Dave Windle

The Latest in the Series - "Place name discoveries - Upper Deeside and the far Highlands" by Adam Watson and Ian Murray.

Adam Watson continues to write enthusiastically and this is a review of his latest book. It is very much a sequel to "The place names of Upper Deeside" by Adam Watson and Elizabeth Allan (1984) and a companion to "Place names in much of north-east Scotland" by Adam Watson (2013), reviewed in Mountain Views Issue No.69. My review of Adam's recent book will be taken as the starting point for this review.

As before, the most important aspect of this book is that it helps to preserve local place names that are steadily getting lost as names get anglicised and in-comers move in. This is getting steadily more important as locals increasingly emigrate and other people immigrate, even into what are typically regarded as 'local' jobs such as gamekeeping and stalking. The speed of this change is almost frightening, e.g. check out the deterioration in Gaelic speaking in Skye over the last twenty years! However, the book will appeal to more people than just historians. It inevitably has long lists of names and explanations. These can be rather indigestible, but there are two key differences. The text contains far more information on how the names were collected and it is accompanied by a good selection of excellent photographs.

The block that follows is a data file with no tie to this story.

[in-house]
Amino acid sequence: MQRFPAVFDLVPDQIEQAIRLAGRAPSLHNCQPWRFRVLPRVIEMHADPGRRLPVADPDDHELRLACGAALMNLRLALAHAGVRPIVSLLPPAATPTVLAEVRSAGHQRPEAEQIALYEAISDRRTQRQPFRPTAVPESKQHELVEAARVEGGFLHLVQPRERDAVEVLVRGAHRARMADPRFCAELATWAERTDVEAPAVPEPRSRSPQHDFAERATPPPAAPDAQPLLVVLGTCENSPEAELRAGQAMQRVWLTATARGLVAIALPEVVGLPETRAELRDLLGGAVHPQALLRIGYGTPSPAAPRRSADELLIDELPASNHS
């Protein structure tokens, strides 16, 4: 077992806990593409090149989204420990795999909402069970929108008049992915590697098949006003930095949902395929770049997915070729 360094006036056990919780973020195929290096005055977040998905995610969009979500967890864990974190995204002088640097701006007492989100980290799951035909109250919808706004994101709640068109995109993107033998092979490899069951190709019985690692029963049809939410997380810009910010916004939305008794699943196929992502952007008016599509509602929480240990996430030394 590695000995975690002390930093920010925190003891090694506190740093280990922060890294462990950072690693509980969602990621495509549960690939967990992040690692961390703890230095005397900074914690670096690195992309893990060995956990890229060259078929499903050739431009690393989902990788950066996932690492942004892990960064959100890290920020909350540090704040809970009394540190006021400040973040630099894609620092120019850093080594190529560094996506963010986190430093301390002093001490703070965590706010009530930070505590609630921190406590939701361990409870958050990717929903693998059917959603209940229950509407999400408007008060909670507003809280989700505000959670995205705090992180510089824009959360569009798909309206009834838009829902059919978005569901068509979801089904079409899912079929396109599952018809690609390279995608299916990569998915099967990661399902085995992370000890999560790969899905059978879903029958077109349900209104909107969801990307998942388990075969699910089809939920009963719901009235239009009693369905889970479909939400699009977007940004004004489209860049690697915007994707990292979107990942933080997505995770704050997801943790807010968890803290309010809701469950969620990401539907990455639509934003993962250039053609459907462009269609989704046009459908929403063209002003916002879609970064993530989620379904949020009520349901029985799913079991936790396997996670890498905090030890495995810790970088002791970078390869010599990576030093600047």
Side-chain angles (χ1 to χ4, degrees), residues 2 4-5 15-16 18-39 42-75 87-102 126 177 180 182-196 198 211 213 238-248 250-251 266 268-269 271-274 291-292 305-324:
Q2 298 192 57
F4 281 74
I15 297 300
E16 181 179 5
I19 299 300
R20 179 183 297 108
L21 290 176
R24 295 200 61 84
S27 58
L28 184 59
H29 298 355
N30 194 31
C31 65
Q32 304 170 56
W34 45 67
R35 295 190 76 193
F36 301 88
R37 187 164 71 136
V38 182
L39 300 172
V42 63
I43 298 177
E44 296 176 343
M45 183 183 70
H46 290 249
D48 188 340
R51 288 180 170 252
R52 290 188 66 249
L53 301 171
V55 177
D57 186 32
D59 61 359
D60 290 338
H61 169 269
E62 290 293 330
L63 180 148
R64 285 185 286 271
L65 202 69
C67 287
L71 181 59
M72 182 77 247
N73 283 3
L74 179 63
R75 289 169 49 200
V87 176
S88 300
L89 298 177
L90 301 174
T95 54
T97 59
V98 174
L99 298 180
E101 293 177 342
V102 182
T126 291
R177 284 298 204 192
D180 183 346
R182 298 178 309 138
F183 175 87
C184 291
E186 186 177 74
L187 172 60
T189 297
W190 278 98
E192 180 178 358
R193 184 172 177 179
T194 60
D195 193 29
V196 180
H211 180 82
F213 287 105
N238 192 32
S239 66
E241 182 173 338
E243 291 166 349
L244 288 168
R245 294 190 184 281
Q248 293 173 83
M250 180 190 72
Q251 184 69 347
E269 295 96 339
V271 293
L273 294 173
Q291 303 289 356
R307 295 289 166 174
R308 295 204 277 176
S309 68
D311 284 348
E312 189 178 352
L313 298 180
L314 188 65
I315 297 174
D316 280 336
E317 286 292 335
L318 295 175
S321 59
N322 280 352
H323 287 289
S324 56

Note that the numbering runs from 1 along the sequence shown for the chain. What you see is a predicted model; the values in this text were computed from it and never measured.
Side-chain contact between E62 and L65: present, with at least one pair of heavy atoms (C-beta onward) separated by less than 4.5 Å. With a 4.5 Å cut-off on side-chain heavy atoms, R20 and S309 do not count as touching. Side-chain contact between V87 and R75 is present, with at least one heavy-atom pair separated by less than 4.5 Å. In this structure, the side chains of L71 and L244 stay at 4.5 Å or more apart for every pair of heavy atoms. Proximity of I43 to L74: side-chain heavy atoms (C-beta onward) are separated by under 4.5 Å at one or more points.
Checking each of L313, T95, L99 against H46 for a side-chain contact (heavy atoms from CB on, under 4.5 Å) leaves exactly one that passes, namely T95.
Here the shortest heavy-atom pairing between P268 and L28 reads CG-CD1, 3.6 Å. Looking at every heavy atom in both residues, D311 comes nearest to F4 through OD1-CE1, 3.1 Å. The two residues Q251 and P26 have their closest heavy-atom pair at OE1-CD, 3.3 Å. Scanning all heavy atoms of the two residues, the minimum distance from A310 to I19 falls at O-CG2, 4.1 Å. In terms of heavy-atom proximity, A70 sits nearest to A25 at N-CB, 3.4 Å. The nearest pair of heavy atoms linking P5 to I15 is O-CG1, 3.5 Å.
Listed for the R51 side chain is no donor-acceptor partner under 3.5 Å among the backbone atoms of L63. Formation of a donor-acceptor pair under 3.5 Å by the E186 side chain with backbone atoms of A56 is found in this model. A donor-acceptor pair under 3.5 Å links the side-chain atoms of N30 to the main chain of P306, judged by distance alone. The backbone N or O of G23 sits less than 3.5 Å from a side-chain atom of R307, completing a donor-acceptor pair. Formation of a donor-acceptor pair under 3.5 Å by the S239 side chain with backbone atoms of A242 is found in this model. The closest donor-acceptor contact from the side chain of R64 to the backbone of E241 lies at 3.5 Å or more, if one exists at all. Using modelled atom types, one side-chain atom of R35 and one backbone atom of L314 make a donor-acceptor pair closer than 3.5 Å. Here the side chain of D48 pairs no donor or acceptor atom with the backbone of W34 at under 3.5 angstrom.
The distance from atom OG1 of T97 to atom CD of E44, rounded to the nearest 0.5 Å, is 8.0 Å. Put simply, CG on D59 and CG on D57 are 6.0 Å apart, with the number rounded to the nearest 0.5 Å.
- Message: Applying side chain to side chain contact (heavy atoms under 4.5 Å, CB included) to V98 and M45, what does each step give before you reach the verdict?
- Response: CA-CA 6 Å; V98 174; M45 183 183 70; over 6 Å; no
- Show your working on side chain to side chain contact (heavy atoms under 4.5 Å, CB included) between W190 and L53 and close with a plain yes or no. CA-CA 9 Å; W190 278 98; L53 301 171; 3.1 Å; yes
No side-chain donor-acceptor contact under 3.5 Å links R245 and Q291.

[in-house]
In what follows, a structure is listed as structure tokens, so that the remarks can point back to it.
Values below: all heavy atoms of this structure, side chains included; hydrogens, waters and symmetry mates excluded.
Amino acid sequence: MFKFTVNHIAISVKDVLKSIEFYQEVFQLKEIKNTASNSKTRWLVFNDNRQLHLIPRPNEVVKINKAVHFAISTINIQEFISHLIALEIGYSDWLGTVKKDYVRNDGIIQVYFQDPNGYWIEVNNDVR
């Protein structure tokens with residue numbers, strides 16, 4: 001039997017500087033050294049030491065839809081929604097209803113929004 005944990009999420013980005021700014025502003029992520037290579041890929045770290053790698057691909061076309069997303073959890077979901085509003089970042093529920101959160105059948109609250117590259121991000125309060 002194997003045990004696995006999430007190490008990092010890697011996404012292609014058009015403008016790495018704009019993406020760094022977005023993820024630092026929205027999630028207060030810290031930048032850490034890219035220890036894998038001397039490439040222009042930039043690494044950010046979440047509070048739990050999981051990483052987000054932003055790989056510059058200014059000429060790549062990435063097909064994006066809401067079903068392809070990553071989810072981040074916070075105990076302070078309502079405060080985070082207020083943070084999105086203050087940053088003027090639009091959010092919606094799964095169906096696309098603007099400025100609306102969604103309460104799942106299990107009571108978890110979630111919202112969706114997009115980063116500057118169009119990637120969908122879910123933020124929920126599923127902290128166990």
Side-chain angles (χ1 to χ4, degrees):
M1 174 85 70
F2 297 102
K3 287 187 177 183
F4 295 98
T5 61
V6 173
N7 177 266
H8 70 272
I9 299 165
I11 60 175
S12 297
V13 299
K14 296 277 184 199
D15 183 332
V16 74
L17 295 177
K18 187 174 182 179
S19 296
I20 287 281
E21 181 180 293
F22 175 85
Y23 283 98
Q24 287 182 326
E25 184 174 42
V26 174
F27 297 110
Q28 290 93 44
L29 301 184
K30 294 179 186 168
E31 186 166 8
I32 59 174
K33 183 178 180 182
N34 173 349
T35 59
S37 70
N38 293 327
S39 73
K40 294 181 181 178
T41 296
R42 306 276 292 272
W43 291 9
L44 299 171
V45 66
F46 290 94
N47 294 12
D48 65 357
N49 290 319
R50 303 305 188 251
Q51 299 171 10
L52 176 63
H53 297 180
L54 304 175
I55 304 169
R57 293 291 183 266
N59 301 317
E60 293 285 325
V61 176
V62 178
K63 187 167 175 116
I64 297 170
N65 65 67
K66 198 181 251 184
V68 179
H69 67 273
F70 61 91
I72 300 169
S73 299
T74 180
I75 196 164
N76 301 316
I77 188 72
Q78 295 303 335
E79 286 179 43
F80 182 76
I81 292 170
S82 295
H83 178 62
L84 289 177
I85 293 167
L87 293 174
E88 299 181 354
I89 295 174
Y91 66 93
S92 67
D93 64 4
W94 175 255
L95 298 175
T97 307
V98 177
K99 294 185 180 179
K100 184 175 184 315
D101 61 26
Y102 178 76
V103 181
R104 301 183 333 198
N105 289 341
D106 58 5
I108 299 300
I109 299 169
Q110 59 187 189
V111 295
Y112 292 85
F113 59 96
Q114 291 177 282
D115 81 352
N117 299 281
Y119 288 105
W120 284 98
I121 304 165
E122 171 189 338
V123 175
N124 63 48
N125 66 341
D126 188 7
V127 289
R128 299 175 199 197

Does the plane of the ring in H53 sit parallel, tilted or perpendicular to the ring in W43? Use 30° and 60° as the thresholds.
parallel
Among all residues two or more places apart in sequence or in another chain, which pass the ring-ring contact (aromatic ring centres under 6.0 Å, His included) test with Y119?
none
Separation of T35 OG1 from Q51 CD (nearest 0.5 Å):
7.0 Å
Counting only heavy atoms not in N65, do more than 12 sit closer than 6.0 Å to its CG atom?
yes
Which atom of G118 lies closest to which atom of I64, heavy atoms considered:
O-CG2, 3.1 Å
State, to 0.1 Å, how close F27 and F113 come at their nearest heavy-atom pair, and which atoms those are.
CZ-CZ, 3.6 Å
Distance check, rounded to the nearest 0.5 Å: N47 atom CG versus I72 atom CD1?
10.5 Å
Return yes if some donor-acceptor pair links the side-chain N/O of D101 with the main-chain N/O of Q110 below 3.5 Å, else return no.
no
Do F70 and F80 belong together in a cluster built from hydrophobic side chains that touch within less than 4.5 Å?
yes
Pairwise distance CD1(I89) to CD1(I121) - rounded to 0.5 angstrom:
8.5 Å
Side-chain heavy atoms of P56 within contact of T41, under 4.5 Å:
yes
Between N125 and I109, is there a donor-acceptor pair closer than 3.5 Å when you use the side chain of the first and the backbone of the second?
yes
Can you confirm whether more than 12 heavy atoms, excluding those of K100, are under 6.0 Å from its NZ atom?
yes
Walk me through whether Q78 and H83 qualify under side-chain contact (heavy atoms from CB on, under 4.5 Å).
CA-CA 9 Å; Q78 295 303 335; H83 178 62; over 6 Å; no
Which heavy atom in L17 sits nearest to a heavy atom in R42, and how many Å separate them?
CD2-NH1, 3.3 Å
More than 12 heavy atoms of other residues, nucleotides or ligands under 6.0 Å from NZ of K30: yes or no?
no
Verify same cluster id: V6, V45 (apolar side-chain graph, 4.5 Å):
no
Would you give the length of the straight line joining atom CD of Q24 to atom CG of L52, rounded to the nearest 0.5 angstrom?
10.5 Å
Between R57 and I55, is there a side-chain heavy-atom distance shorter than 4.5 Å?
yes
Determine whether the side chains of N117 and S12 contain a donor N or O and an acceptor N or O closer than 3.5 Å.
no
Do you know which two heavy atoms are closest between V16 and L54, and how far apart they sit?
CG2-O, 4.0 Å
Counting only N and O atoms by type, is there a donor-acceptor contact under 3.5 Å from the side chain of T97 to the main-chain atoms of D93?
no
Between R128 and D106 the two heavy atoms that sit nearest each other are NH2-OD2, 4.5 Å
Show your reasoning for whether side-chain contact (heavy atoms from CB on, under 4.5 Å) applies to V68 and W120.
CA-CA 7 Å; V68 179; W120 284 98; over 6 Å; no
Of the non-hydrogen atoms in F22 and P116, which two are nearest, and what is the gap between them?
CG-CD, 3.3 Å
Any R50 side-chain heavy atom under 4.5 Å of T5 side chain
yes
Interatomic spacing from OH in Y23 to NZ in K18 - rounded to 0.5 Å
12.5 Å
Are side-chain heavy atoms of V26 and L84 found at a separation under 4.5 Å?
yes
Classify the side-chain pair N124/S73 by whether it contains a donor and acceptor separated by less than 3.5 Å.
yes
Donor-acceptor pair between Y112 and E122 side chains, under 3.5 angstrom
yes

To a novice, like me, information on how the names were collected is more interesting than the names themselves. It brings the whole thing into life and almost makes it tangible. Comments on estate papers and the need to focus on pronunciation as this will be lost first are revealing. It's interesting to learn of the help that Adam and Ian have encountered; people want their culture to be recorded and to not just disappear in a wave of so-called progress.

It's worth buying the book for the photographs alone. There are some absolute gems. One or two, you will have seen before in others of Adam's books but these repeats, e.g. the title photograph of Bob Scott leaving with Punchie to get supplies in the winter, are delightful and more than worth a second look. I found that I was reaching for the earlier books to find the original or a companion, refresh my memory and see the accompanying photographs. Many of these classic photographs show the older local people with the countryside etched into their faces. These are people who have had a deep and instinctive connection with the local countryside. A connection that you can only envy. Others show both local landmarks and landscapes. The landmarks evoke further nostalgia - memories of a bothy or shelter looming up out of the low cloud to give that reassurance that you are on the right track after all.

As with the previous book, this is not a book for reading but for dipping into before or after a trip into the hills. It is an essential mark of respect to take the trouble to try and pronounce the local names correctly.

I conclude by wholeheartedly recommending it.

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